Metabolic remodeling maintains a reducing environment for rapid activation of the yeast DNA replication checkpoint

EMBO J. 2022 Jan 14;e108290. doi: 10.15252/embj.2021108290. Online ahead of print.


Nucleotide metabolism fuels normal DNA replication and is also primarily targeted by the DNA replication checkpoint when replication stalls. To reveal a comprehensive interconnection between genome maintenance and metabolism, we analyzed the metabolomic changes upon replication stress in the budding yeast S. cerevisiae. We found that upon treatment of cells with hydroxyurea, glucose is rapidly diverted to the oxidative pentose phosphate pathway (PPP). This effect is mediated by the AMP-dependent kinase, SNF1, which phosphorylates the transcription factor Mig1, thereby relieving repression of the gene encoding the rate-limiting enzyme of the PPP. Surprisingly, NADPH produced by the PPP is required for efficient recruitment of replication protein A (RPA) to single-stranded DNA, providing the signal for the activation of the Mec1/ATR-Rad53/CHK1 checkpoint signaling kinase cascade. Thus, SNF1, best known as a central energy controller, determines a fast mode of replication checkpoint activation through a redox mechanism. These findings establish that SNF1 provides a hub with direct links to cellular metabolism, redox, and surveillance of DNA replication in eukaryotes.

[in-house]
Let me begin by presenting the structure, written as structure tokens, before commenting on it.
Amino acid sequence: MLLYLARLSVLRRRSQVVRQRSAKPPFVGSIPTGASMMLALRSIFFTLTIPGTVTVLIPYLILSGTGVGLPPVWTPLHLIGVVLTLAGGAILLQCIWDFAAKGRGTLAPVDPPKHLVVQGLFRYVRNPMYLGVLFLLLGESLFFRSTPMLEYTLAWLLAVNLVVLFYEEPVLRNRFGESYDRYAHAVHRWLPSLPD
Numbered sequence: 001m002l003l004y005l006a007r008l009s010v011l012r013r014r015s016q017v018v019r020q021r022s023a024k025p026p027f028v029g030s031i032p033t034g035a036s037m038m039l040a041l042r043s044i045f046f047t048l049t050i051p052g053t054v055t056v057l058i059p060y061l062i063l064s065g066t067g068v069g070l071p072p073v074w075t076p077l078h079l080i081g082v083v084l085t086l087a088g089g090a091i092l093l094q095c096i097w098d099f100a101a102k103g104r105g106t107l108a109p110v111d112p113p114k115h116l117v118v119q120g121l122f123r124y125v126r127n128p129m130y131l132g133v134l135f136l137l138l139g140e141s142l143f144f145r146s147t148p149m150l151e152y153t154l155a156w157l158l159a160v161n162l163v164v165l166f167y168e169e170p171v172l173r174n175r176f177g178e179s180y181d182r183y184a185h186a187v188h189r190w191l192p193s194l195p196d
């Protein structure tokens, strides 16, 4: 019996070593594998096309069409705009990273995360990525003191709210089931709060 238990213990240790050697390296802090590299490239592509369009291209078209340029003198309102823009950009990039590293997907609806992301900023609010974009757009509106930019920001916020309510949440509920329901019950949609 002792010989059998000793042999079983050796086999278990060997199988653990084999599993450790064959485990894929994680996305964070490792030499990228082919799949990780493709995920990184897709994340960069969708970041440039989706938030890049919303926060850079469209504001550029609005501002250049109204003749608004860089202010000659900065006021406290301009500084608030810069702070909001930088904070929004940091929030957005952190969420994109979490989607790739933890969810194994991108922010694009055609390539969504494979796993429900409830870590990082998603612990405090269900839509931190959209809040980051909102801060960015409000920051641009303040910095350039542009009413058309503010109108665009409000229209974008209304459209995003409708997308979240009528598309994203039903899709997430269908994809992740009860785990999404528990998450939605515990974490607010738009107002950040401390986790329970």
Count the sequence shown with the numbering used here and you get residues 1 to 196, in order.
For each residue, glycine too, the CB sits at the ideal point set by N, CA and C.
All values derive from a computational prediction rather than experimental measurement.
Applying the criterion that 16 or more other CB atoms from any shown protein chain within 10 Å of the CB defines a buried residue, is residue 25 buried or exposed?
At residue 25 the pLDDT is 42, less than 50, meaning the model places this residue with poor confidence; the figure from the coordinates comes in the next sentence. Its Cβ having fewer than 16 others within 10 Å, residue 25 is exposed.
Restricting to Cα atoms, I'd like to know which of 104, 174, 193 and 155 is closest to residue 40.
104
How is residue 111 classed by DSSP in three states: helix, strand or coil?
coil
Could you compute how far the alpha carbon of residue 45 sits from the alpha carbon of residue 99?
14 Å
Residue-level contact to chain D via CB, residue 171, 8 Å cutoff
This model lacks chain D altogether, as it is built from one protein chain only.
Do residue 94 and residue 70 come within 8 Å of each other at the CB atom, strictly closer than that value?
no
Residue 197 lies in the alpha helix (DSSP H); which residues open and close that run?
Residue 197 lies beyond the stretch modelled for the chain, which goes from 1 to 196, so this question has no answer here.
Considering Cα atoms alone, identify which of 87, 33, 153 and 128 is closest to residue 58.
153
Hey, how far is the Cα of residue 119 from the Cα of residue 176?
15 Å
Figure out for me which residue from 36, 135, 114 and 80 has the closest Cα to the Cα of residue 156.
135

Keywords: DNA replication stress; carbon metabolism; cell cycle checkpoints; genome stability; reductive/oxidative (redox).